We support the growth

of local areas

Agricultural activities and biodiversity

The agricultural activity carried out by Tozzi Green confirms an entrepreneurial identity handed down from generation to generation, aimed at the integrated and sustainable growth of the local area.

In line with the Group’s family roots, linked to the farming culture, Tozzi Green sees productive agriculture as an essential tool for the development of the areas in which it operates.

The entrepreneurial strategy is based on the conviction that “a surplus capable of going beyond subsistence triggers industrial transformation processes”

Franco Tozzi

Since 2010, Tozzi Green has been growing a variety of crops in Madagascar, particularly in Région Ihorombe, in the south of the country, in the Ihosy District (communes of Satrokala, Andiolava and Ambatolahy). These lands are so difficult to farm that they have never attracted the interest of agro-industrial operators.

Aware of the role of agriculture in growth and sustainable development over time, in the fight against poverty and in food and nutritional security, over the years and after extensive experimentation, Tozzi Green has succeeded in growing several industrial crops (geraniums, spices and eucalyptus), as well as maize and soy beans, 100% of which are intended for the domestic market.

Through the cultivation of crop varieties adapted to the specific characteristics of the region and the improvement of agronomic techniques that allow the fertilisation of the soil by improving its agricultural qualities, Tozzi Green’s activities have made it possible to reclaim over 6,731 hectares of originally degraded and marginal land, saving it from desertification and transforming it into agricultural land.

In its agricultural activities in Madagascar, Tozzi Green has always sought to protect biodiversity by using sustainable farming techniques, such as crop rotation, and by constantly monitoring the level of biodiversity in the area. For example, in collaboration with the Madagascar Biodiversity Center (MBC), arthropod (ant) populations are monitored as an indicator of biodiversity.

“Reforestation is not only an environmental issue, it is also a social and political issue. By protecting the environment, we protect ourselves and ensure a sustainable future for generations to come.”
Wangari Maathai, Nobel Peace Prize laureate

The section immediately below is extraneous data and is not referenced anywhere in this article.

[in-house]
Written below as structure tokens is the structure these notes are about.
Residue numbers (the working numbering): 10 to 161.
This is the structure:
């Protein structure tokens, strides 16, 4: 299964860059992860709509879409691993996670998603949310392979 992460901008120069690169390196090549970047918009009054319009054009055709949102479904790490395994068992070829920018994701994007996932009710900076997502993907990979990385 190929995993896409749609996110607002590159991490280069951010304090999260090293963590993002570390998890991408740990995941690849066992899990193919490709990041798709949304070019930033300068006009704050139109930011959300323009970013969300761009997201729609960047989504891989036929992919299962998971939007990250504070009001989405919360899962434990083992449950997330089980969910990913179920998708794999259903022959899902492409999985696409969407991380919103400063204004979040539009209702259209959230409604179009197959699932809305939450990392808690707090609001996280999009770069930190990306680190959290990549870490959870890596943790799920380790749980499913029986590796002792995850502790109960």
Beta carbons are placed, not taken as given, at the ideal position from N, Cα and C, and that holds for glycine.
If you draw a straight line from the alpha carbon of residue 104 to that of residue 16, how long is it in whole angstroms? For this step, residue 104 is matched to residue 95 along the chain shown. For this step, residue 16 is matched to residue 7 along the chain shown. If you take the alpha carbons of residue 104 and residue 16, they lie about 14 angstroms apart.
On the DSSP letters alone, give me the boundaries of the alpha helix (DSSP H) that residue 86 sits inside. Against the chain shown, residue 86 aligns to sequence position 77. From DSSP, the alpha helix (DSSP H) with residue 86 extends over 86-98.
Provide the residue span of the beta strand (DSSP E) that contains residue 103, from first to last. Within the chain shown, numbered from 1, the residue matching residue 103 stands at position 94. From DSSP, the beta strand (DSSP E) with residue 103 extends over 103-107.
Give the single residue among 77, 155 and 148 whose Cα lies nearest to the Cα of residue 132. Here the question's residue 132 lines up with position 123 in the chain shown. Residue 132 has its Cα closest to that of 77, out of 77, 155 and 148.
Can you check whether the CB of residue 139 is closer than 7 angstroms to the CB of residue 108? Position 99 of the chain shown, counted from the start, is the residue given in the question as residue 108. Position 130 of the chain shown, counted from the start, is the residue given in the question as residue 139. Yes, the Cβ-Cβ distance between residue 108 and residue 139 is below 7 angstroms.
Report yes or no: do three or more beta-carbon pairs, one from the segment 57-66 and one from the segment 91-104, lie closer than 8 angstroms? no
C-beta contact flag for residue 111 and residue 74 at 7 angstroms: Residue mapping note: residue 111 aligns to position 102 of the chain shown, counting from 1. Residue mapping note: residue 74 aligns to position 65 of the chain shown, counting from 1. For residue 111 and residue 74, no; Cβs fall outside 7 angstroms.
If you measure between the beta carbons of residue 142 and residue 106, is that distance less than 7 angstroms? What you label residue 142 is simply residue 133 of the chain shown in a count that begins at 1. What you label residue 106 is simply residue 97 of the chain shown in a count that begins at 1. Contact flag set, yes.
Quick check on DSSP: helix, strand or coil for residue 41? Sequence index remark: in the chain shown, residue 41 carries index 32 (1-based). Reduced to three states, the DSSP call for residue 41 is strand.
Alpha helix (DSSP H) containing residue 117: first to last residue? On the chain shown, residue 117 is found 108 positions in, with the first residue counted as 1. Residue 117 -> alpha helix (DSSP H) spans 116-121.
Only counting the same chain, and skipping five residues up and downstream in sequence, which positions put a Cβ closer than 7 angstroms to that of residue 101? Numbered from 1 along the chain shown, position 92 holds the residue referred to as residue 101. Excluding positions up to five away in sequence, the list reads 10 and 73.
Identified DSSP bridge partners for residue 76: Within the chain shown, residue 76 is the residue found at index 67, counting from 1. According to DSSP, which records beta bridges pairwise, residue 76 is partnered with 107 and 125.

At the end of 2023, in view of the climate change taking place in Madagascar, and in particular the worsening drought conditions, Tozzi Green, through its subsidiary JTF, redirected its investments towards a reforestation project aimed at mitigating climate change effects by planting perennial tree species in the most affected areas. The aim is to maintain the substantial and numerous technical and economic investments that have become necessary over the years, guarantee the continuity of salaries for the many people employed and propose a plan that meets the needs of all the stakeholders involved.

Reforestation is universally known to bring significant environmental benefits to the soil and to plant and animal biodiversity. These benefits are not confined to the reforested areas, but extend into the surrounding environment, bringing improvements to neighbouring communities.

The areas covered by the reforestation project are unevenly distributed and alternate with land used for other purposes. In the specific case of the Ihorombe region, reforestation aims to alleviate some of the region’s most critical issues, such as water scarcity, poor soil fertility and soil erosion.

The project will use about 200 hectares of land (60 of which have already been developed) for agroforestry. Basically, the company establishes, at its own expense, areas where both productive trees (for wood/charcoal or fruit trees) and inter-row cultivation of food crops (maize, cassava, sorghum, etc.) are planted. In these areas, the local community has full management control and owns all the products harvested.